An international research collaboration has developed a noninvasive multimodal nanoparticle-based imaging agent that can assess the receptor for advanced glycation end-products (RAGE). More accurate assessment of the receptor, which was recently identified as a key structure involved in diabetic complications, also could help with earlier cancer diagnosis or advanced targeted therapy.
The overexpression and activation by RAGE with its ligands initiate a number of biochemical pathways leading to oxidative stress and inflammation known to contribute to the pathogenesis of several diabetes-related complications, neurodegenerative disorders, as well as numerous cancer types.
“We have determined that many of these complications can be attributed to glycation, the non-enzymatic process which induces chemical changes of the proteins in the body,” said Wawrzyniec “Wawosz” Dobrucki, an assistant professor of bioengineering and of medicine. “These changes can affect the molecular signaling leading to various pathologies.”
The advanced glycation end-products (AGE) generated during the glycation process and their receptor represent a new biomarker of a disease process involving inflammatory pathways, said Dobrucki, who also is the head of the Experimental Molecular Imaging Laboratory at the Beckman Institute and a co-leader of the Multimodal Vascular Imaging Group. Dobrucki and the team observed how AGE activates the receptor (RAGE), causing an overexpression of that receptor.
Details of this discovery appear in the paper, “Multimodal Imaging of the Receptor for Advanced Glycation End-products with Molecularly Targeted Nanoparticles,” which was published in Theranostics. An image featured on the inside front cover of the issue was created by Jose Vazquez, of Beckman’s Visualization Lab.
A major focus of the four-year study was developing and characterizing the imaging tracer—synthesized in the lab—because there was no existing mechanism for imaging advanced glycation end-products and their receptor.
“The idea was if you would like to study, for example, the effect of advanced glycation end-products, and how they contribute to those different diseases,” Dobrucki said, “it would be critical to have available a noninvasive imaging probe that you can potentially translate in the future to patients.”
“We can impart the nanoparticle with different properties,” Dobrucki added. “For example, labels, like isotopes can be used for nuclear imaging (such as positron-emission tomography, PET) and fluorescence for optical imaging. The multimodal aspect means that we can not only use this for in vivo imaging, but we can also assess the advanced glycation end-products and RAGE expression in biopsied tissues.”
The imaging allows for serial noninvasive tracking, as the injected radiotracer binds to the receptor, and then molecular changes over time can be assessed and quantified. And the group already has a method in mind that might link the activity of the radiotracer to the etiological state (the cause or origination).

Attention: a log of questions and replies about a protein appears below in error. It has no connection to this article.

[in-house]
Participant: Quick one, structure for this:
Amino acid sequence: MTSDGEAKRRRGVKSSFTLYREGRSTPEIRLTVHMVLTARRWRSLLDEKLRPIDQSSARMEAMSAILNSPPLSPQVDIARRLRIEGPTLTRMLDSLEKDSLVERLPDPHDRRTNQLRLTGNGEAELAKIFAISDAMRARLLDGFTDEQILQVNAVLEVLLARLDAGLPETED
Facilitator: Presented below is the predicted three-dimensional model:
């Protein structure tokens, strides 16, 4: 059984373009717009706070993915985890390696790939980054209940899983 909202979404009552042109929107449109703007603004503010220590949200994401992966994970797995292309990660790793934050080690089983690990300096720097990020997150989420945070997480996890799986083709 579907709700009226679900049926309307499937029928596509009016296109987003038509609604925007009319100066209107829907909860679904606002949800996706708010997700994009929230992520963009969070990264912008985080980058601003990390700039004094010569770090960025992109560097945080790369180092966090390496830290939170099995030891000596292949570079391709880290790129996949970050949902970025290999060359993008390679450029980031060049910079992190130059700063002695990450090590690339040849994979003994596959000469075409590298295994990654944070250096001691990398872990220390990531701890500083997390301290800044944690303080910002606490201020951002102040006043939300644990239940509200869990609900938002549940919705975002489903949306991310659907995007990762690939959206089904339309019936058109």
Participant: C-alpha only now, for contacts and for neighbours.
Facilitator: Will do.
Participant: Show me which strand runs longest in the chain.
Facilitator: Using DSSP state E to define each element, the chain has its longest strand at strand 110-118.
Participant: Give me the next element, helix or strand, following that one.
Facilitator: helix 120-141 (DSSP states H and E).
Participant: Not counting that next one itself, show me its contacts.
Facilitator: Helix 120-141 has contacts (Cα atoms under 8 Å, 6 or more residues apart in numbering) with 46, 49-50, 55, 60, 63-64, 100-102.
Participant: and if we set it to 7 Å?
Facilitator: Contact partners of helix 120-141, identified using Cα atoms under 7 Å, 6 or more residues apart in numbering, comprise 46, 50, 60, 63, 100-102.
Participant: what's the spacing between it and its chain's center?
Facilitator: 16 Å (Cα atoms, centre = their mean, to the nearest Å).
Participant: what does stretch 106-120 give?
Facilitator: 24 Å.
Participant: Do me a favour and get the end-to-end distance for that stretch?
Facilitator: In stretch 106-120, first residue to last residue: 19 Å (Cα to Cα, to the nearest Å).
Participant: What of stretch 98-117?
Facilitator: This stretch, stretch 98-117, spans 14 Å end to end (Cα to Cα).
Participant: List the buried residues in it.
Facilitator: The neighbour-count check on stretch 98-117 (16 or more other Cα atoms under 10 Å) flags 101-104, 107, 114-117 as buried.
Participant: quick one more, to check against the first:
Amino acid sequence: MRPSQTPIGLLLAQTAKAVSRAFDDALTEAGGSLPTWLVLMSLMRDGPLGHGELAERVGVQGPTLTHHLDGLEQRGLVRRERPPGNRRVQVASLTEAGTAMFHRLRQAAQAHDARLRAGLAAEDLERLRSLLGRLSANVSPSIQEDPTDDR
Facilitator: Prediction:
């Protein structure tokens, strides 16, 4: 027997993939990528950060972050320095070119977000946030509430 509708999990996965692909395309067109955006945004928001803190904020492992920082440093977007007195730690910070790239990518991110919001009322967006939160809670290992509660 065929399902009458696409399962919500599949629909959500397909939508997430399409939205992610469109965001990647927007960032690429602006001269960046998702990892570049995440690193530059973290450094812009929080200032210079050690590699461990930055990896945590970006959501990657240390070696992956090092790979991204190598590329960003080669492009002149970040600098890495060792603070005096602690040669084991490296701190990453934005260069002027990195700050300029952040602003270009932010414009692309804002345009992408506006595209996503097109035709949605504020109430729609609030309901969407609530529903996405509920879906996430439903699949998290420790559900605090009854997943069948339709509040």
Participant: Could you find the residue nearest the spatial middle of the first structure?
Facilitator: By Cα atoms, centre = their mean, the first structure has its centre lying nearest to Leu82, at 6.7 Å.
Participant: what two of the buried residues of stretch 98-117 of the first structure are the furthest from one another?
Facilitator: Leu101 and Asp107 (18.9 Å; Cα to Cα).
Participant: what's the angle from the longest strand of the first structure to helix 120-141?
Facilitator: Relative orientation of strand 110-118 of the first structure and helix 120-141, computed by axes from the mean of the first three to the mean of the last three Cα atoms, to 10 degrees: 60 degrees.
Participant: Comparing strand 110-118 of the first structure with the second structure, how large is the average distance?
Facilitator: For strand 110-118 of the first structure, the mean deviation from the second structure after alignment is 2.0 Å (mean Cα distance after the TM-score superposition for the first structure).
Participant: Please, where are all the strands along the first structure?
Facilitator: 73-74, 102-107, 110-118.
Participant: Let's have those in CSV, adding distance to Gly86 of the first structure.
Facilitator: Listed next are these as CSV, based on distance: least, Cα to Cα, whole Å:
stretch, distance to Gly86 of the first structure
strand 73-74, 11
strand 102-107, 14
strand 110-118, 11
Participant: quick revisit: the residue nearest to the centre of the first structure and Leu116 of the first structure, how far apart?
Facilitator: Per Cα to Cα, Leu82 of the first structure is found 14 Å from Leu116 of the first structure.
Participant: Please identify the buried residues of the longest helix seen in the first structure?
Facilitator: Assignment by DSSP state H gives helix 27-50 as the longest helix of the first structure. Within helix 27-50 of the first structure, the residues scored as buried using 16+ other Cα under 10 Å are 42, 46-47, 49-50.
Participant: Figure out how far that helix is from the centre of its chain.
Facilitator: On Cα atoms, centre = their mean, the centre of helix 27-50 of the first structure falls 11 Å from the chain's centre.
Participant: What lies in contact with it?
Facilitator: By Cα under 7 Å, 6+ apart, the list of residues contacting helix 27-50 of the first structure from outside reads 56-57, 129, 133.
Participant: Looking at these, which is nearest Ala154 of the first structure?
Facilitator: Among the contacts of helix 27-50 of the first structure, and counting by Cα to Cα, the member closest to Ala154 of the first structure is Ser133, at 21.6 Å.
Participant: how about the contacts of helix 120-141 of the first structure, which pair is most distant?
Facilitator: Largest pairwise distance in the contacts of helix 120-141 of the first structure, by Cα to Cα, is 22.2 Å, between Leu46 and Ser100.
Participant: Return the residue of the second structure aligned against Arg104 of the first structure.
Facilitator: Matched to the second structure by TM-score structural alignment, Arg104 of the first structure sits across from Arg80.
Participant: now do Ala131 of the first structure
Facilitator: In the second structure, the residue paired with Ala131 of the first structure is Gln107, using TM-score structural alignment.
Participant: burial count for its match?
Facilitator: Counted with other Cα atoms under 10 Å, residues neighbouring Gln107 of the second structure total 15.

The next paper—that has already been submitted for publication—shows for the first time the imaging of prostate cancer using the same particle.
“We are not interested in the early diagnosis of cancer, because other people are doing this," Dobrucki said. "We are interested in the moment when cancer becomes more aggressive, when it starts the transition from an indolent to an aggressive disease.
“Of course, because RAGE is involved in so many different diseases, we cannot focus on all of them, we are focusing on cardiovascular pathologies as described in the paper, and cancer.”
According to Dobrucki, there is another important aspect of this work as it relates to the cardiovascular system and cancer—formation of AGEs not only result from diabetes, but people digest them in foods.
The research also will seek to find out, for example, how diet effects the RAGE expression, which may be causing an increased incidence of cancer and atherosclerotic complications.
“That’s the part of the molecular imaging that gives you an advantage,” Dobrucki explained. “You can visualize or assess some biochemical changes which typically precede the clinical manifestation. Before you see disease, using anatomical imaging or functional imaging, you can visualize that something wrong is going on in the organs that can provide you with some indication of the outcome. With this type of molecular imaging, you can predict the future.”
Other Illinois researchers who contributed to the work are: Christian J. Konopka, Beckman graduate research assistant and PI for the paper; Jamila Hedhli, a Beckman–Brown Interdisciplinary Postdoctoral Fellow; Dipanjan Pan, an associate professor of bioengineering; and Iwona T. Dobrucka, senior research scientist and director of the Molecular Imaging Lab in Biomedical Imaging Center. In addition, Aaron Schwartz-Duval, graduate research assistant in bioengineering, Gnanasekar Munirathinam, U of I College of Medicine, Rockford; and several international collaborators from the Biobanking and Biomolecular Resources Research Infrastructure, Gdansk, Poland, and the Medical University of Gdansk, contributed to the research.
This work was supported by the American Heart Association Scientist Development Grant and the Foundation for Polish Science.